Will strode over to the wall and ran his palm over its surface. It seemed that he could sense each tiny particle from which the rock was formed and feel the volcanic power that had pushed the Cove’s giant walls up from the sea bed, aeons ago. He sniffed the air and then closed his eyes, listening. When he opened them again, he saw it. A narrow opening hidden in the darkness of the cave. From inside, something called to him. “In here,” he said and Teague smiled as he followed him through.
The second cavern was smaller, its ceiling lower, but the sound, oh the sound, how it echoed in his very soul. In the far wall, there was a tiny alcove, barely three feet across, and when Will placed his hand on its base, he felt the gust of a strong draught. “There’s air here. We’re so far down and yet there’s air blowing upwards.” He laughed and shook his head, awestruck and feeling the weight of a strange and hidden history upon him. “This was his forge. This was the hearth where he built his furnace.”
“Yes, William,” said Teague. “And here…” He pulled a sackcloth covering from an object which sat in the centre of the room. “Here is his anvil. The bell has been raised from its watery grave, my boy. Will it ring once more by your hand?”
Will raised his hands and held them, palm up, before his eyes. Upon them, his life was writ in callouses and burn scars. “Yes,” he whispered. For I am Blacksmith and I speak a language that is ancient.
Teague nodded in satisfaction, his eyes glittering in the torchlight. “So be it. But know this, William Turner. I’ll hear no talk of destiny within these walls, for there’s destiny enough written upon them.” He gestured with the torch he held and, for the first time since he entered the cavern, Will saw that it was covered in tiny lines of intricate writing. “Let not the witch-woman fool you, boy, for in this world, only one thing matters. What a man can do and what a man can’t. So let no one, goddess or otherwise, tell you different, savvy?”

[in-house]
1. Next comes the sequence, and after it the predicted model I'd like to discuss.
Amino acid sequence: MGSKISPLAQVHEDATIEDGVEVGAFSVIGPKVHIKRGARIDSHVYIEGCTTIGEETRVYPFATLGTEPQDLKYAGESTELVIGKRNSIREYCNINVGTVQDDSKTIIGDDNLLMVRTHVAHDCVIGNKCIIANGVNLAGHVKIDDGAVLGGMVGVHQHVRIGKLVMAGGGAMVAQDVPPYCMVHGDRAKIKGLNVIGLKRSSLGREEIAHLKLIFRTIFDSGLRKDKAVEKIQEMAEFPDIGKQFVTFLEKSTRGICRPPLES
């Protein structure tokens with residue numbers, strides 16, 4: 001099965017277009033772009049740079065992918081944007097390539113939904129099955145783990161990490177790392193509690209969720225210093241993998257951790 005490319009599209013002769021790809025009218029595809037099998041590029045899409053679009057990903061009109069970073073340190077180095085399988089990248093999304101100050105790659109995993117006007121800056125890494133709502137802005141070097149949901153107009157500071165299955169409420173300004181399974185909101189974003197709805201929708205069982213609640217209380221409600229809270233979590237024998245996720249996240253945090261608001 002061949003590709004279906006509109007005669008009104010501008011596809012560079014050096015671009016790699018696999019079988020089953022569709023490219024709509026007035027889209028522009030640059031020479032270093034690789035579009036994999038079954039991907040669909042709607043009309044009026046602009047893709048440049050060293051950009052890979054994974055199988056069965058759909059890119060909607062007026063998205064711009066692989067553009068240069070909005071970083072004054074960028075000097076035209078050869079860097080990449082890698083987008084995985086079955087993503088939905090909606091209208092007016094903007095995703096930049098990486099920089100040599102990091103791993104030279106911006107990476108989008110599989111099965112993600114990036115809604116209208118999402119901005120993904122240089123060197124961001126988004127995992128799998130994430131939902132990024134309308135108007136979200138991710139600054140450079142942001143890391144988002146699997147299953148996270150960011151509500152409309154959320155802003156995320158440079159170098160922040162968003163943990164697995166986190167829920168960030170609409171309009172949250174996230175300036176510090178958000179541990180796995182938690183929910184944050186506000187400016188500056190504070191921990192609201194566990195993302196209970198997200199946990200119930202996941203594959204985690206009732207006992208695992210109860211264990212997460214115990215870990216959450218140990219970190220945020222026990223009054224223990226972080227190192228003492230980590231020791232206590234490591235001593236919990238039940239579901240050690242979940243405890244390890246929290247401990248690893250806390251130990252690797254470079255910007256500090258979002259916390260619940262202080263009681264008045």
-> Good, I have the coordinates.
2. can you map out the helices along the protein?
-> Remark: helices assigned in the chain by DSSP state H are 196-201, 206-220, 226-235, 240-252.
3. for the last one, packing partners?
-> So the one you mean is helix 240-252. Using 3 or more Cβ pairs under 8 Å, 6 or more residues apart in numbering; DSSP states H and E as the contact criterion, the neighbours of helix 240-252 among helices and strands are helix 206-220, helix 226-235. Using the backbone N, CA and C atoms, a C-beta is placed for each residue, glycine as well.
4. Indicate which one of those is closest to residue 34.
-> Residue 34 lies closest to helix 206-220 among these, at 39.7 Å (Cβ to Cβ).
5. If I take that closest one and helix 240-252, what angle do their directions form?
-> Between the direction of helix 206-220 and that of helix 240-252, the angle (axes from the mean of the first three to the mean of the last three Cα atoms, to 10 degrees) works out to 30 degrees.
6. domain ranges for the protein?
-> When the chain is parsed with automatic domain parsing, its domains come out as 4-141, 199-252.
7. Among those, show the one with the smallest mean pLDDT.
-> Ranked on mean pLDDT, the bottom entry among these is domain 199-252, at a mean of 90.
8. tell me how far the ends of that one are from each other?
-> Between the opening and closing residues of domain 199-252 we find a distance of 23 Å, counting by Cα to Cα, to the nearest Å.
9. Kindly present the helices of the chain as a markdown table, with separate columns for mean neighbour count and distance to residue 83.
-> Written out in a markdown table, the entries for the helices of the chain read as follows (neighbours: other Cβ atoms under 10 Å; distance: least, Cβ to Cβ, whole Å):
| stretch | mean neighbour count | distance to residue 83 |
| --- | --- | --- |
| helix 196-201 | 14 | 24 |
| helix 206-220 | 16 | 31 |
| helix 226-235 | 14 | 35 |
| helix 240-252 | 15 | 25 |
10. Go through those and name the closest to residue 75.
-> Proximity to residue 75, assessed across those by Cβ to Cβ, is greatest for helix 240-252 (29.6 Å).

“I’ve heard those words once before, Captain Teague.”
The old pirate winked. “Then the bloke what said them must’ve had a good teacher, eh?”
Will smiled, but as he lowered his hands, his fingers brushed against the hilt of the dagger tucked into his belt and he remembered that other promise he’d made. He knew now that when it came time to make that choice and accept the duty of sailing those empty seas forever, his heart might break from the pain of it.
Hector Barbossa pulled his hat low over his eyes and quickened his step through the crowded streets of Shipwreck City. Though the sun still shone through a thin veil of cloud, it was the light of the comet that glared in his eyes; he could feel it like a noose about his neck, like the trapdoor beneath his feet, ready to open and snap his spine - ready to send him back to that cold, lightless place from which the goddess had dragged him.
Time’s running out, he thought as he hurried through the streets. One more sunset and it will be too late, her power will wane forever and my bones will be dust.
He found her, at last, at the end of the most distant quay in the Cove, her feet dangling in the water and her face lifted to the hazy sun. Though she did not turn, he knew she sensed his approach. “Why don’t you do something?” he said, stopping some distance from where Tia Dalma sat. “We only have eight of the nine, the blade cannot be forged in time.”